The vast majority of coworking spaces are – at least when you look at the flat rates needed to rent space or gain access to a building – much cheaper than buying or renting a traditional office environment. That’s doubly true in the earliest days of your startup’s lifespan, when your staff might include you and, at most, a handful of other employees or co-founders.

Since you don’t need a ton of office space when you are growing your business from the ground up, you can use a coworking space to get all the workspace you need – plus access to key materials, like printers and computers – for a fraction of the cost needed to rent a retail office building. That’s more money in your pocket and more you can put into your business. 

Of course, many entrepreneurs attempt to save enough cash or build the startup funds necessary to create their enterprises through passive income streams. Running a blog, affiliate advertising, and creating courses are each examples of ways you can make passive income online. But no matter how much money you save, bills will eventually come due.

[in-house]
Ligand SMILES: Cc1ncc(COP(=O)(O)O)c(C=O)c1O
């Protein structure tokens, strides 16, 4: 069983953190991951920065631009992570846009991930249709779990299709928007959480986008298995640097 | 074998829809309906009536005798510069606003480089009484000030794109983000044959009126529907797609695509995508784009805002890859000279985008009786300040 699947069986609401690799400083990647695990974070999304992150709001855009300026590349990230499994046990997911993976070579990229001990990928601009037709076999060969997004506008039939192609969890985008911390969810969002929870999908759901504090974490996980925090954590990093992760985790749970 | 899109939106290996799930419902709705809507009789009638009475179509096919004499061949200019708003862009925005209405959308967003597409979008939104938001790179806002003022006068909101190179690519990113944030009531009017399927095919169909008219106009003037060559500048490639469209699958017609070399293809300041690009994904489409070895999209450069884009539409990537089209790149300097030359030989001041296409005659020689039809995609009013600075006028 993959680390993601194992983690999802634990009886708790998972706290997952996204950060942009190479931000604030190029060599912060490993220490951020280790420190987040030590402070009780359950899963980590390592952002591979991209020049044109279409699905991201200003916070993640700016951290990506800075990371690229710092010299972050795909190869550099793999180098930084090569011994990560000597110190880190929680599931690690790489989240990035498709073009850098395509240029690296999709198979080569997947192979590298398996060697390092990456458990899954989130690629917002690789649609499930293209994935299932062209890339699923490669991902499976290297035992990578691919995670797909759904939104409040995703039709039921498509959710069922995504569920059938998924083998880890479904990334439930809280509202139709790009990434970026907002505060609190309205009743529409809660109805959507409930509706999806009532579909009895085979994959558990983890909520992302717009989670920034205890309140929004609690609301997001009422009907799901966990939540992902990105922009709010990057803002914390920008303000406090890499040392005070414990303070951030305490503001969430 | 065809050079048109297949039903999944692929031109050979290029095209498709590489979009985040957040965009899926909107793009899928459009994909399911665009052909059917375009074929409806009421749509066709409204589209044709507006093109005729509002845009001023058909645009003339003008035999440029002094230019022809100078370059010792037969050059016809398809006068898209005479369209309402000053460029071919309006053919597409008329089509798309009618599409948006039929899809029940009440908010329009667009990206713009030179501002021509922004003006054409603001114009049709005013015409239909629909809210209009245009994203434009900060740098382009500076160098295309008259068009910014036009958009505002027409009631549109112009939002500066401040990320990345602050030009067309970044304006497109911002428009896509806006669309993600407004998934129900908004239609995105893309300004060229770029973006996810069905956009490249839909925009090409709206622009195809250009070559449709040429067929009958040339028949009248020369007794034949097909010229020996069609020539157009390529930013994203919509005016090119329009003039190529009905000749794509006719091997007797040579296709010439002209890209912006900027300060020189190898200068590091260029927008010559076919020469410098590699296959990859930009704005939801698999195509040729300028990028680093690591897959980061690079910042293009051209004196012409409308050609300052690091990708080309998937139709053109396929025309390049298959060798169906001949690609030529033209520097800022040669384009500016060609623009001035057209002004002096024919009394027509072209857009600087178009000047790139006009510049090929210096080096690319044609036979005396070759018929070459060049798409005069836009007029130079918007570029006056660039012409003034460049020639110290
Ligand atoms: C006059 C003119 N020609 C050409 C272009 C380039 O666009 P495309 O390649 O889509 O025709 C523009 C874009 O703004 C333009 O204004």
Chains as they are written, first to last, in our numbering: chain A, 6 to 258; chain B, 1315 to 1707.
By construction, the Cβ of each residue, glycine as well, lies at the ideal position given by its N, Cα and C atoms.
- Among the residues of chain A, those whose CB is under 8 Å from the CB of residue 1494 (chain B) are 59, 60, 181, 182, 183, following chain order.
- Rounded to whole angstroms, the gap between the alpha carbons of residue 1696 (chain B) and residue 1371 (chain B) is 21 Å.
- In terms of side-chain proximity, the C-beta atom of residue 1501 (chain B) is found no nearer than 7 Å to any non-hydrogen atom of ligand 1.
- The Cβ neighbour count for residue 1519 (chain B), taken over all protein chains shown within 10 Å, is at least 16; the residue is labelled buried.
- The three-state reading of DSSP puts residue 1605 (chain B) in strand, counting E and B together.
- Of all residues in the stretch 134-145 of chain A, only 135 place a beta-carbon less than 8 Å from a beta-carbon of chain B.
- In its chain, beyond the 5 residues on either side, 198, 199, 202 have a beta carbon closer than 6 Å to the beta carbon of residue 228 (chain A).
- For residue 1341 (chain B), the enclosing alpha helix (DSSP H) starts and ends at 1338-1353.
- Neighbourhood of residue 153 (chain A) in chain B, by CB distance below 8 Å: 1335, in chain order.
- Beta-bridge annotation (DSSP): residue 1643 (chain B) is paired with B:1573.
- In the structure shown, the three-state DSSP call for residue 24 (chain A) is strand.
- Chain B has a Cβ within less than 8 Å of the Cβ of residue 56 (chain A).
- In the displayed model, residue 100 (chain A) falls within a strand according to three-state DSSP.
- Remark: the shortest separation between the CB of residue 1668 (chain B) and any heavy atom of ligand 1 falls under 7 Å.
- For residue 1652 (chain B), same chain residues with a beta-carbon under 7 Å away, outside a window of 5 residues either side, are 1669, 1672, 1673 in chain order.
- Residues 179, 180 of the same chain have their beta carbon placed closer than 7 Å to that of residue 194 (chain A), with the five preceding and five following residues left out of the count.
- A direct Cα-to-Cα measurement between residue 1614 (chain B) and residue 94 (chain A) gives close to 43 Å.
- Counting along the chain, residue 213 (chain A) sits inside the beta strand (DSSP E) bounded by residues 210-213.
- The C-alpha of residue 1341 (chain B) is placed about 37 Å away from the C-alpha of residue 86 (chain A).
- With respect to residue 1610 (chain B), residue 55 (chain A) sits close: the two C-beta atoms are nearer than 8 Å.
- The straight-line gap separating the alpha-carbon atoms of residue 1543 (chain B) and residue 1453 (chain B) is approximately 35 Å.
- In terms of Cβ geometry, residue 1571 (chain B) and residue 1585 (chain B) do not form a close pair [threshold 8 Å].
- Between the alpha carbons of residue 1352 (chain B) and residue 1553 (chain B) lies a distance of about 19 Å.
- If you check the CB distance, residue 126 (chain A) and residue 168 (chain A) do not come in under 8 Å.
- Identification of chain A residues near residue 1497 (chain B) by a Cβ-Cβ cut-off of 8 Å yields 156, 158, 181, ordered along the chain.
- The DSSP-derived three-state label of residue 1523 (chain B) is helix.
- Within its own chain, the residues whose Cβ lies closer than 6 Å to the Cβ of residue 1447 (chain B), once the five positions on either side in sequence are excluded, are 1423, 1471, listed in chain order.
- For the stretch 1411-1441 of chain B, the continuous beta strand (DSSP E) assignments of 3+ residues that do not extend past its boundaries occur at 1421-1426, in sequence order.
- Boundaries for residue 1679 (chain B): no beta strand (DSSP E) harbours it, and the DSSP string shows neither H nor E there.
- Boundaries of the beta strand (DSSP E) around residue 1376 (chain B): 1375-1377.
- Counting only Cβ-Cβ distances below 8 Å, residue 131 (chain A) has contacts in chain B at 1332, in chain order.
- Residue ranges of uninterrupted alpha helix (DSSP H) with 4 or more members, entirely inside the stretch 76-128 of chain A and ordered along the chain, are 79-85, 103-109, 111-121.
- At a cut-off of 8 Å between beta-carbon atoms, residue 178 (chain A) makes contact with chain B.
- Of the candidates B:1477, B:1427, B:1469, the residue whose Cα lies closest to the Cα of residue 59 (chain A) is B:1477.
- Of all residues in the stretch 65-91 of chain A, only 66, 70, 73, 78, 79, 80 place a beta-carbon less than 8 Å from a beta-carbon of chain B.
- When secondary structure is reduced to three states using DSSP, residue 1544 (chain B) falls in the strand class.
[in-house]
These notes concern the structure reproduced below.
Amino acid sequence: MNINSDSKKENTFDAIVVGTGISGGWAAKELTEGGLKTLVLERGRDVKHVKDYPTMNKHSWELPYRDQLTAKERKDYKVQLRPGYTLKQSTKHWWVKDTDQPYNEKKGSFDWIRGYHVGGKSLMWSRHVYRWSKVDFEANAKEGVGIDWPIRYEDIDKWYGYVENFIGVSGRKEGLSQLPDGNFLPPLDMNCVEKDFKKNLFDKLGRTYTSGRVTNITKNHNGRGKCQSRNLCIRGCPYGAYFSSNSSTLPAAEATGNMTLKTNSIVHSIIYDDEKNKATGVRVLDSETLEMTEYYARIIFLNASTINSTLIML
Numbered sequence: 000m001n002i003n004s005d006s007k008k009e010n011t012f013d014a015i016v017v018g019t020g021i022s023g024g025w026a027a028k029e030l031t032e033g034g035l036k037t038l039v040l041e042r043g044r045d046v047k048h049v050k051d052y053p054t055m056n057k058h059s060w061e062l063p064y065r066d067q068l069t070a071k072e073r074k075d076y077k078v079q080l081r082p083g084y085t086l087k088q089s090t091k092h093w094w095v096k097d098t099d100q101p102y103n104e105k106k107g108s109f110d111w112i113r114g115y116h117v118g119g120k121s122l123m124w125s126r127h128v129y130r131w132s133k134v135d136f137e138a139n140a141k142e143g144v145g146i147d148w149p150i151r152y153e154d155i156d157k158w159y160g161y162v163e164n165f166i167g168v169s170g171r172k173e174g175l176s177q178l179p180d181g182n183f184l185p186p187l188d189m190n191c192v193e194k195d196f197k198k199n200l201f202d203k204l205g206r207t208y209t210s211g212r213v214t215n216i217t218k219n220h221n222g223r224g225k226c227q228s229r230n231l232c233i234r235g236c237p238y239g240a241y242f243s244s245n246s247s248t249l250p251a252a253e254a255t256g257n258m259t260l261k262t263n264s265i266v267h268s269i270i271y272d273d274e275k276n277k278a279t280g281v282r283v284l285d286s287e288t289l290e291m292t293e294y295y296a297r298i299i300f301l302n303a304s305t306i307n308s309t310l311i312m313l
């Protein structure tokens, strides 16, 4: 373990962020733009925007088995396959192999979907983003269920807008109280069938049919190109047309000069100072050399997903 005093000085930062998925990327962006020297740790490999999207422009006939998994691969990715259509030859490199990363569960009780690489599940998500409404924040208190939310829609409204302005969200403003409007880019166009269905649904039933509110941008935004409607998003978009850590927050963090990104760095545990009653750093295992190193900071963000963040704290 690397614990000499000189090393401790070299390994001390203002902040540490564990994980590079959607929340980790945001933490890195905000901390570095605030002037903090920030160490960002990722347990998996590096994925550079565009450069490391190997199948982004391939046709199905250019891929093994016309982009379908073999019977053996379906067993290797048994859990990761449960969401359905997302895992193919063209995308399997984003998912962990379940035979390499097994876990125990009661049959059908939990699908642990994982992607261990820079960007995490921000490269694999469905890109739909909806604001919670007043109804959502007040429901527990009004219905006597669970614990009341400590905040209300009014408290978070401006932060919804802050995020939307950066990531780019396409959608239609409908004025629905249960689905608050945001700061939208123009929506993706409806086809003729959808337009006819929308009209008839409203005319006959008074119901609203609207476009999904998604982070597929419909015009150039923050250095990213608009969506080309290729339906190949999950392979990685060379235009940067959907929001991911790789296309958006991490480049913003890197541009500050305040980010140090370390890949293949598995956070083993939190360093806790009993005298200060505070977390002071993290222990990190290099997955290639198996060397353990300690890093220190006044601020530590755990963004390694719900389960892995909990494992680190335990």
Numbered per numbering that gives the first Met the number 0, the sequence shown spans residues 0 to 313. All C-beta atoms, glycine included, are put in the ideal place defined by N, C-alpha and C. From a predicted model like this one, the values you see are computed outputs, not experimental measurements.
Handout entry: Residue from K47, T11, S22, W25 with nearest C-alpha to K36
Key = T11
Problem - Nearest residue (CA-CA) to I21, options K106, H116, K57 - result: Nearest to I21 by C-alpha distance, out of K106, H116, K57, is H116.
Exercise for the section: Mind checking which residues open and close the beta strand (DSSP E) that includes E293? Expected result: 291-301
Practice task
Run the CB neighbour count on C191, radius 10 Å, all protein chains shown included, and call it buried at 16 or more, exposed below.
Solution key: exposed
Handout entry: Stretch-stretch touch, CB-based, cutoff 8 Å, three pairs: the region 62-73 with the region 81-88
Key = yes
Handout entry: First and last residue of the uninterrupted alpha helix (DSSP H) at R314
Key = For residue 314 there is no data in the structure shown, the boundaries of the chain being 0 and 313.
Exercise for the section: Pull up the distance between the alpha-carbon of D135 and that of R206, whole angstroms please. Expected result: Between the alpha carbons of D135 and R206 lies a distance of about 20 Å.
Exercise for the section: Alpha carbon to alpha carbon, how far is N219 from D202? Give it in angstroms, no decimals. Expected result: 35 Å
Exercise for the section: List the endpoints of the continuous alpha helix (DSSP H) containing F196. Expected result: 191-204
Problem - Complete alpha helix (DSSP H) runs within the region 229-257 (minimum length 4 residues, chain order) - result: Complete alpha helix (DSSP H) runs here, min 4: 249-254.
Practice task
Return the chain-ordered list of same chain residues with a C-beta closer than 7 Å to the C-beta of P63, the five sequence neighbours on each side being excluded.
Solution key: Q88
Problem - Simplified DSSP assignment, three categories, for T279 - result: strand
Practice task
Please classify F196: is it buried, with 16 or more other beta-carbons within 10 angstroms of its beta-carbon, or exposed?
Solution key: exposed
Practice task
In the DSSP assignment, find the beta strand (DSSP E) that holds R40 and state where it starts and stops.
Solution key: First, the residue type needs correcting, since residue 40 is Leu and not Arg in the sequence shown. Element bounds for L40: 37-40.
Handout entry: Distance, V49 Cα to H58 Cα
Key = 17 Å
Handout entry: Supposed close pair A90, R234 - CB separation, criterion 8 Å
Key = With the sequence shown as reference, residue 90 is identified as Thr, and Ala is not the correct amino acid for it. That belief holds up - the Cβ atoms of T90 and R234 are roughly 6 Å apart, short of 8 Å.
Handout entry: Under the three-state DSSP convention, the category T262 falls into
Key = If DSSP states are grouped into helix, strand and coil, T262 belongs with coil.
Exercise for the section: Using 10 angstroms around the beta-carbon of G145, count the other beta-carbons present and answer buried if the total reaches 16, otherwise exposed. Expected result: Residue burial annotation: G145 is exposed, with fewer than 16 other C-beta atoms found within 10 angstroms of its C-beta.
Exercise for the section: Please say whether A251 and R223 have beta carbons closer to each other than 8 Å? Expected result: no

If you grow your startup at a coworking space, odds are you’ll save much more money on business operational expenses, which you can then funnel back into your enterprise to grow it that much more quickly.

Cost-Effective Scaling

Another big way in which coworking spaces are helping to launch successful startups is by enabling cost-effective scaling.

Eventually, any startup has to scale if it wants to thrive in its chosen market niche. However, scaling can be financially difficult and logistically complex. Founders might make a profit with their small businesses at the moment, for example, but may not know how to translate those profits into hiring more people. Or they may not make enough money to splurge on a big retail office or more warehouse space.